Math Art Week 3 – Multiplication Facts

This week in Math Art we created an art panel to illustrate a multiplication fact. Our plants had leaves broken into 2 sections; each section was doodled differently.  The students multiplied the 2 sections by the number of leaves they created to figure out their math fact.



  • cardboard pieces from boxes
  • gesso
  • various paintbrushes
  • acrylic paint
  • plain colored paper for leaves and stem
  • decorative paper
  • mod podge
  • fine tip permanent ink art marker, such as a Sharpie Fine Point Pen*

*It is important to use a permanent ink pen, or the doodles will smear when mod podge is applied.


  1. Paint cardboard with gesso to prime it.  Let dry.  (Use hairdryer to speed up drying time).
  2. Paint a background color on cardboard with acrylic paint.  Let dry.
  3. On colored paper, draw leaf shapes.
    • Divide each leaf shape into sections.  You may choose 2, 3, 4 or more sections.  Each section will be doodled differently.
    • If you are working on a specific math fact, instruct the students to divide their leaves into that number of sections. For example, if you are creating, 6×4, you may have 6 leaves each with 4 sections, or 4 leaves each with 6 sections.
  4. Decorate the leaves by doodling each section with zentangles.
  5. Cut out a slightly larger leaf from the decorative paper to mount under the doodled leaf.
  6. Cut out a stem shape.
  7. Use mod podge to apply all shapes to the dried cardboard.
  8. Write out the math fact and mod podge it on the cardboard.


Math Art Week 2 – Fractions

Our project this week was based on the book “Picture Pie” by Ed Emberley.  Picture Pie helps the reader create simple pieces of art based on the fractions of a circle.   While these look simple, the execution can be quite tedious.  Below are the details for a simple bookmark.


“Fraction Fish Bookmark”



  • black construction paper, cut in 2″ strips for bookmarks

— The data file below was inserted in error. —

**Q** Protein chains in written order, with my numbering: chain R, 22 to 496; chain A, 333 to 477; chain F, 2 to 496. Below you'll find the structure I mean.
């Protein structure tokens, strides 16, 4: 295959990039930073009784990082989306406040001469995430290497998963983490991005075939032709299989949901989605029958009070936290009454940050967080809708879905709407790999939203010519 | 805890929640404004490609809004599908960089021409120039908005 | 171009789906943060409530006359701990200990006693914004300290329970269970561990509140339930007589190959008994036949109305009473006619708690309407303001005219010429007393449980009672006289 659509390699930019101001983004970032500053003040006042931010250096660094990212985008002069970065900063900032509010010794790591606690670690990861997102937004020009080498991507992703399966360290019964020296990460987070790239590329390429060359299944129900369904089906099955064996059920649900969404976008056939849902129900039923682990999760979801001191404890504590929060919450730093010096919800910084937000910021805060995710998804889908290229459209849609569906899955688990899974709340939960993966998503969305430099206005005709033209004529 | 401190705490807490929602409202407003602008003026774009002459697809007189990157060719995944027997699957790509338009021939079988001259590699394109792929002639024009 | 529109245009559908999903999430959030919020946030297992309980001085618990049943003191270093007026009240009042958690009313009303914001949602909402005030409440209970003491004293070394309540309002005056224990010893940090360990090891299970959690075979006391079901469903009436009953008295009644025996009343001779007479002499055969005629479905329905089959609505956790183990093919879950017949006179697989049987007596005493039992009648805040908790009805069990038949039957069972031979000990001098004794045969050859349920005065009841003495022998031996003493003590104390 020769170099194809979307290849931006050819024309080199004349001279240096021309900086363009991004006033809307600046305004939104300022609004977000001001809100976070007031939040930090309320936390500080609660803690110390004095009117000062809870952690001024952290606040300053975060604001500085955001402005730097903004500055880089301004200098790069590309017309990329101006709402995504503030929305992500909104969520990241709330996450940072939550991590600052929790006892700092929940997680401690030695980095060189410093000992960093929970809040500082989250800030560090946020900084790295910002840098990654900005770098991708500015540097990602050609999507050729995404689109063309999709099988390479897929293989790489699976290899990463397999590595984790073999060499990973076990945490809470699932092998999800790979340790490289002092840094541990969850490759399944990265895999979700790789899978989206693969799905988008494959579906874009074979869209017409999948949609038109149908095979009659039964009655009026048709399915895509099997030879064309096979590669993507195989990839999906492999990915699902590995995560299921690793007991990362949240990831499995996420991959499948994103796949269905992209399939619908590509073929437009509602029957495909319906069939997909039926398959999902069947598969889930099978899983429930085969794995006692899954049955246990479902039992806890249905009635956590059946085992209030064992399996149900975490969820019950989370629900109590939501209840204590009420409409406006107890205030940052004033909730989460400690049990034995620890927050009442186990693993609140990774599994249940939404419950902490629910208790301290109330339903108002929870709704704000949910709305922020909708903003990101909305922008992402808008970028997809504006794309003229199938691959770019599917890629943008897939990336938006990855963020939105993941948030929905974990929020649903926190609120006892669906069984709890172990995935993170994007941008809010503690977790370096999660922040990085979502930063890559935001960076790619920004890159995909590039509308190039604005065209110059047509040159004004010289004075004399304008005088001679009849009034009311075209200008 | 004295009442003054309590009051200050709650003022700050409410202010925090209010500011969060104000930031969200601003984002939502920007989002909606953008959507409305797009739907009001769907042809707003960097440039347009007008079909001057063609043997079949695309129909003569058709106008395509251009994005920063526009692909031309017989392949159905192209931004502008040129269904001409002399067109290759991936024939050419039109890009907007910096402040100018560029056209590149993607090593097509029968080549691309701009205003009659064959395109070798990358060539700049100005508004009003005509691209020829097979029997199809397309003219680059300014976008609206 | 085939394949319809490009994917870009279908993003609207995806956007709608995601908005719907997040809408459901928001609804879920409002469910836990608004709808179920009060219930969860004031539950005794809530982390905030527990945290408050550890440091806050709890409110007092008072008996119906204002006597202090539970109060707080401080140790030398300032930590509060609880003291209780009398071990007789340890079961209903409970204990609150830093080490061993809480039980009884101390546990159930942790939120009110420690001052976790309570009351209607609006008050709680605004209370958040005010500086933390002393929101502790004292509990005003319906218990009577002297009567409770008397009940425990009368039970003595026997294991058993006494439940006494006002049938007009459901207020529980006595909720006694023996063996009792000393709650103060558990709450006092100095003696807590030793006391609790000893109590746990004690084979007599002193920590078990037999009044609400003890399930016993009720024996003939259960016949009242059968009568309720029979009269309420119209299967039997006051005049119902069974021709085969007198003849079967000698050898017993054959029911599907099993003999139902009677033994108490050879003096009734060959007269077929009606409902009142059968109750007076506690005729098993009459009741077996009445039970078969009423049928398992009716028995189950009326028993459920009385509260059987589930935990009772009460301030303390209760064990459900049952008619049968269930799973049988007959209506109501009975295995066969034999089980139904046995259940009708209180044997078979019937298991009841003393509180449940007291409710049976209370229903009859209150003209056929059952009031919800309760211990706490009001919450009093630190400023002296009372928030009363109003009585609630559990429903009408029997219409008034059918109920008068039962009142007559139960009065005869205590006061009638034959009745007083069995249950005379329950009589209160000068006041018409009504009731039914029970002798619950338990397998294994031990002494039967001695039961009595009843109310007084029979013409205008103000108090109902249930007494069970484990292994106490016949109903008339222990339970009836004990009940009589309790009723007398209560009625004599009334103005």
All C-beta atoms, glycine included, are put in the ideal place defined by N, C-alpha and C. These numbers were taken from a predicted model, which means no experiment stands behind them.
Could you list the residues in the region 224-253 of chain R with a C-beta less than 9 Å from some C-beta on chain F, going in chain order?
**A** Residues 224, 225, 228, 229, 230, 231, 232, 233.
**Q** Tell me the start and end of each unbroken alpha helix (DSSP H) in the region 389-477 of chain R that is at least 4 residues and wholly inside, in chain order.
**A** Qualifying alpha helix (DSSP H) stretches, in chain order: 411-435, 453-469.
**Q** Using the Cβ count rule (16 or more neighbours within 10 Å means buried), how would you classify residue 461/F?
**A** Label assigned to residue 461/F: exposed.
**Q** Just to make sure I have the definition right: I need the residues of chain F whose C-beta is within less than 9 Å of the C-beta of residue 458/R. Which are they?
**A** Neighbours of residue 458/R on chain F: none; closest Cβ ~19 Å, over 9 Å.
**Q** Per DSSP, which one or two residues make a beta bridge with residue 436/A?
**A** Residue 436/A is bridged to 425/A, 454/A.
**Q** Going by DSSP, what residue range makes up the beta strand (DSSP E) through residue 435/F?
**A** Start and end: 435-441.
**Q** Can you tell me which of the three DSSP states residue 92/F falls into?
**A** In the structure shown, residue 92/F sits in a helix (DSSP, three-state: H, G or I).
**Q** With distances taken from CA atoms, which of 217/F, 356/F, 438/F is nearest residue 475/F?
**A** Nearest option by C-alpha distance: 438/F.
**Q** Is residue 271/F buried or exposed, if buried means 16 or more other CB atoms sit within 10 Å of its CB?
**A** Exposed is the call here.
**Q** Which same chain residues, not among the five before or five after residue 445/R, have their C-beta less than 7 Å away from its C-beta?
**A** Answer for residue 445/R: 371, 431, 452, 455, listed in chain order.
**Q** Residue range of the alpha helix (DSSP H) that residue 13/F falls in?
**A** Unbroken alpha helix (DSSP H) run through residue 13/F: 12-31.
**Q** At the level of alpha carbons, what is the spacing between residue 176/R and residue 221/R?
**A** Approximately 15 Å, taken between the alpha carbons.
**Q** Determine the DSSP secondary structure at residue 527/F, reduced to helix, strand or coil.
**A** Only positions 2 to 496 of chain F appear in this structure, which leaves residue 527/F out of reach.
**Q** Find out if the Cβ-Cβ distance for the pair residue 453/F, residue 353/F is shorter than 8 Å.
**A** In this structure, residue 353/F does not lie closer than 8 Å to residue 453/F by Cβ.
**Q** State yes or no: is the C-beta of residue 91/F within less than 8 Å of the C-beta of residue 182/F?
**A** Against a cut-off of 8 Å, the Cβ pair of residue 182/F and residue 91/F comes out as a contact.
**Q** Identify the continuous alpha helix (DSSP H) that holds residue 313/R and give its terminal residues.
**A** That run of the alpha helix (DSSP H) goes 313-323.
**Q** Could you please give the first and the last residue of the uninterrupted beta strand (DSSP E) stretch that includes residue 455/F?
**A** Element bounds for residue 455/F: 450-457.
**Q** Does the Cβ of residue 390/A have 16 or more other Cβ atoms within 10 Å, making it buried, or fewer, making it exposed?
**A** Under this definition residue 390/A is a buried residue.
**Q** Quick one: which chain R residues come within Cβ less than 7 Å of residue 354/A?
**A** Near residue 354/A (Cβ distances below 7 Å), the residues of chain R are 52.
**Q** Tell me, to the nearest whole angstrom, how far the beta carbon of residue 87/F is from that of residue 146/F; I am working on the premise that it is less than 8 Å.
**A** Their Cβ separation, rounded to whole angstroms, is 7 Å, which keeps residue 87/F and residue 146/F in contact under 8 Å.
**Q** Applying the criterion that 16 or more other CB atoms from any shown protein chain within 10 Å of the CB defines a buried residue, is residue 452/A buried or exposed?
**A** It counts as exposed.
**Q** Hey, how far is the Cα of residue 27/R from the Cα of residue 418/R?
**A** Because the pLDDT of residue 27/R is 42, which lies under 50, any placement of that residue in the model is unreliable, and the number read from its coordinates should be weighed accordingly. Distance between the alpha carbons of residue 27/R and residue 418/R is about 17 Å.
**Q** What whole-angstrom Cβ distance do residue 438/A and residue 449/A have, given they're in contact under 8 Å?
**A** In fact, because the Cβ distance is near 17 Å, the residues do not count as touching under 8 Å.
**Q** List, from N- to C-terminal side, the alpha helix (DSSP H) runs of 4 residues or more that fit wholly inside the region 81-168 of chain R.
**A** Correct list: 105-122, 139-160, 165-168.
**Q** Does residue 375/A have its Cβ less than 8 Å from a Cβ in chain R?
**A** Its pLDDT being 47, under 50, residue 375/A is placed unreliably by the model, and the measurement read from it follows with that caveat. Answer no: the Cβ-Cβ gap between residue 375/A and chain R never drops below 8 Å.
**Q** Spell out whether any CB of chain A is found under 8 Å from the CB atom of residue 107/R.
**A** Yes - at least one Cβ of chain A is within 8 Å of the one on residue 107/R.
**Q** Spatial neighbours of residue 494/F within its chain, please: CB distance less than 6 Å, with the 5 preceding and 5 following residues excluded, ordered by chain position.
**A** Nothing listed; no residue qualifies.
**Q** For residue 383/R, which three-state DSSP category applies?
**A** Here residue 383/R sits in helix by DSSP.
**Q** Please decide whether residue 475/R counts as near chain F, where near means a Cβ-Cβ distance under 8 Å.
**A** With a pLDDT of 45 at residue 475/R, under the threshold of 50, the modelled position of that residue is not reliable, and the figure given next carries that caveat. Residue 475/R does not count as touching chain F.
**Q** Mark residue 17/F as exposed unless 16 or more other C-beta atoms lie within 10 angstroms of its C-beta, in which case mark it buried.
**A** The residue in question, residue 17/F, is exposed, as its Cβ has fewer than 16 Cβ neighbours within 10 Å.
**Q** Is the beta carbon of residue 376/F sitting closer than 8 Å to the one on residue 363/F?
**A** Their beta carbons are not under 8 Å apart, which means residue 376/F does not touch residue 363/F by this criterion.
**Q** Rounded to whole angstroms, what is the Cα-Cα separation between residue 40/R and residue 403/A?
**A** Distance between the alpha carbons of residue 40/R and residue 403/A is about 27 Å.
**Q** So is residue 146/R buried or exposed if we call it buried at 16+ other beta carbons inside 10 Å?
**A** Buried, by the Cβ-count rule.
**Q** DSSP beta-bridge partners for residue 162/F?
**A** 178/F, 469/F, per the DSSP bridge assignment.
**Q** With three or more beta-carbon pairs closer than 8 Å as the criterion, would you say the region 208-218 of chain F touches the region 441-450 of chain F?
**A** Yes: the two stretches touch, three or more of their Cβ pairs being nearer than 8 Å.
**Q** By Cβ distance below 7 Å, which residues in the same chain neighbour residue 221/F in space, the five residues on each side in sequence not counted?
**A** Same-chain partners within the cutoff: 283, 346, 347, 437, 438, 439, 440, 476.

• colored or patterned paper for circles
  • 1″ circle punch
  • scissors
  • glue
  • laminator (optional)


Teach a short lesson on the fractions of a circle.  Have kids use the circle punch and scissors to cut up and sort fractions.


Choose pieces for the Fraction Fish bookmark. This project requires 12 quarters and 2 eighths.


Arrange pieces in desired configuration.  Glue onto bookmark.


Let dry.  Laminate if desired.  (If you choose not to laminate, press the dried bookmark until all pieces are nicely flattened).

Other Projects

Math Art Week 1 – Number Bonds

This summer we are hosting a small “Math Art” class for a few of our friends.  Each week we will create a math-themed art project (or an art-themed math project!).


Ways to Make “10”

For Week 1 we created a mixed media board that illustrated a Number Bond.  Each student picked a Number, then cut numbers out of newspaper and magazines to show at least 4 “ways to make” their chosen Number.   The ages of these kids were from 7 to 11 years old.


  • cardboard
  • various paintbrushes
  • Mod Podge
  • papers to create a background (scrapbook paper, newspaper, old worksheets)
  • acrylic paint
  • small container to mix paint with water
  • wax paper
  • old magazines and newspapers
  • scissors
  • pencils


  1. Cut pieces of cardboard from old boxes.
  2. Use a paintbrush & Mod Podge to paste on a background.  We used old math worksheets & tests. Tear paper to fit. (If you haven’t used Mod Podge before, just paint the cardboard with a thin coat, place your piece of decorative paper, then paint another thin coat on top.  Continue layering.)
  3. Let dry, about 15 minutes if the Mod Podge is a thin coat.  Trim edges.
  4. Paint the background with watered down acrylic paint.  If the paint is too thick to see the background, wipe some off with a towel.
  5. Let dry.
  6. Have each student choose a Number.  On a piece of paper, have them list at least 4 “ways to make” that Number.  Provide magazines, newspapers, and scissors to hunt for numbers.  (The weekly ads are a great source!)  They can keep track of the numbers they have found by laying them on the paper where they wrote their answers.
  7. When the background paint is dry, use a pencil to sketch the body of a dragonfly.
  8. Paint the dragonfly body with acrylic paint (NOT watered down!).  I place a dab of red, yellow, blue, and white paint on a piece of wax paper for each child, and let them mix colors as they wish.
  9. Let dry.
  10. Have each student look through magazines to find a pretty pattern for wings.  Cut wings and set aside.
  11. Once the paint is mostly dry, use Mod Podge to attach the numbers and wings.
  12. After all paint is completely dry, you can Mod Podge over the entire piece as a finish coat.

Doodle Animals

In Classical Conversations we spend the first six weeks of the year learning the “OiLS” method of drawing taught in Mona Brookes’ book “Drawing With Children.”  OiLS stands for circles (O), dots (dot of the i), straight lines (line of the i), angled lines (L), and curved lines (S).  The children learn to see these elements in many different pieces of art and drawing.

These same elements are also used in the meditative drawing technique of Zentangles.  We do doodles/tangles in our house almost every day as a way to focus our minds and exercise fine motor muscles (sample day here).

doodle horse

The Idea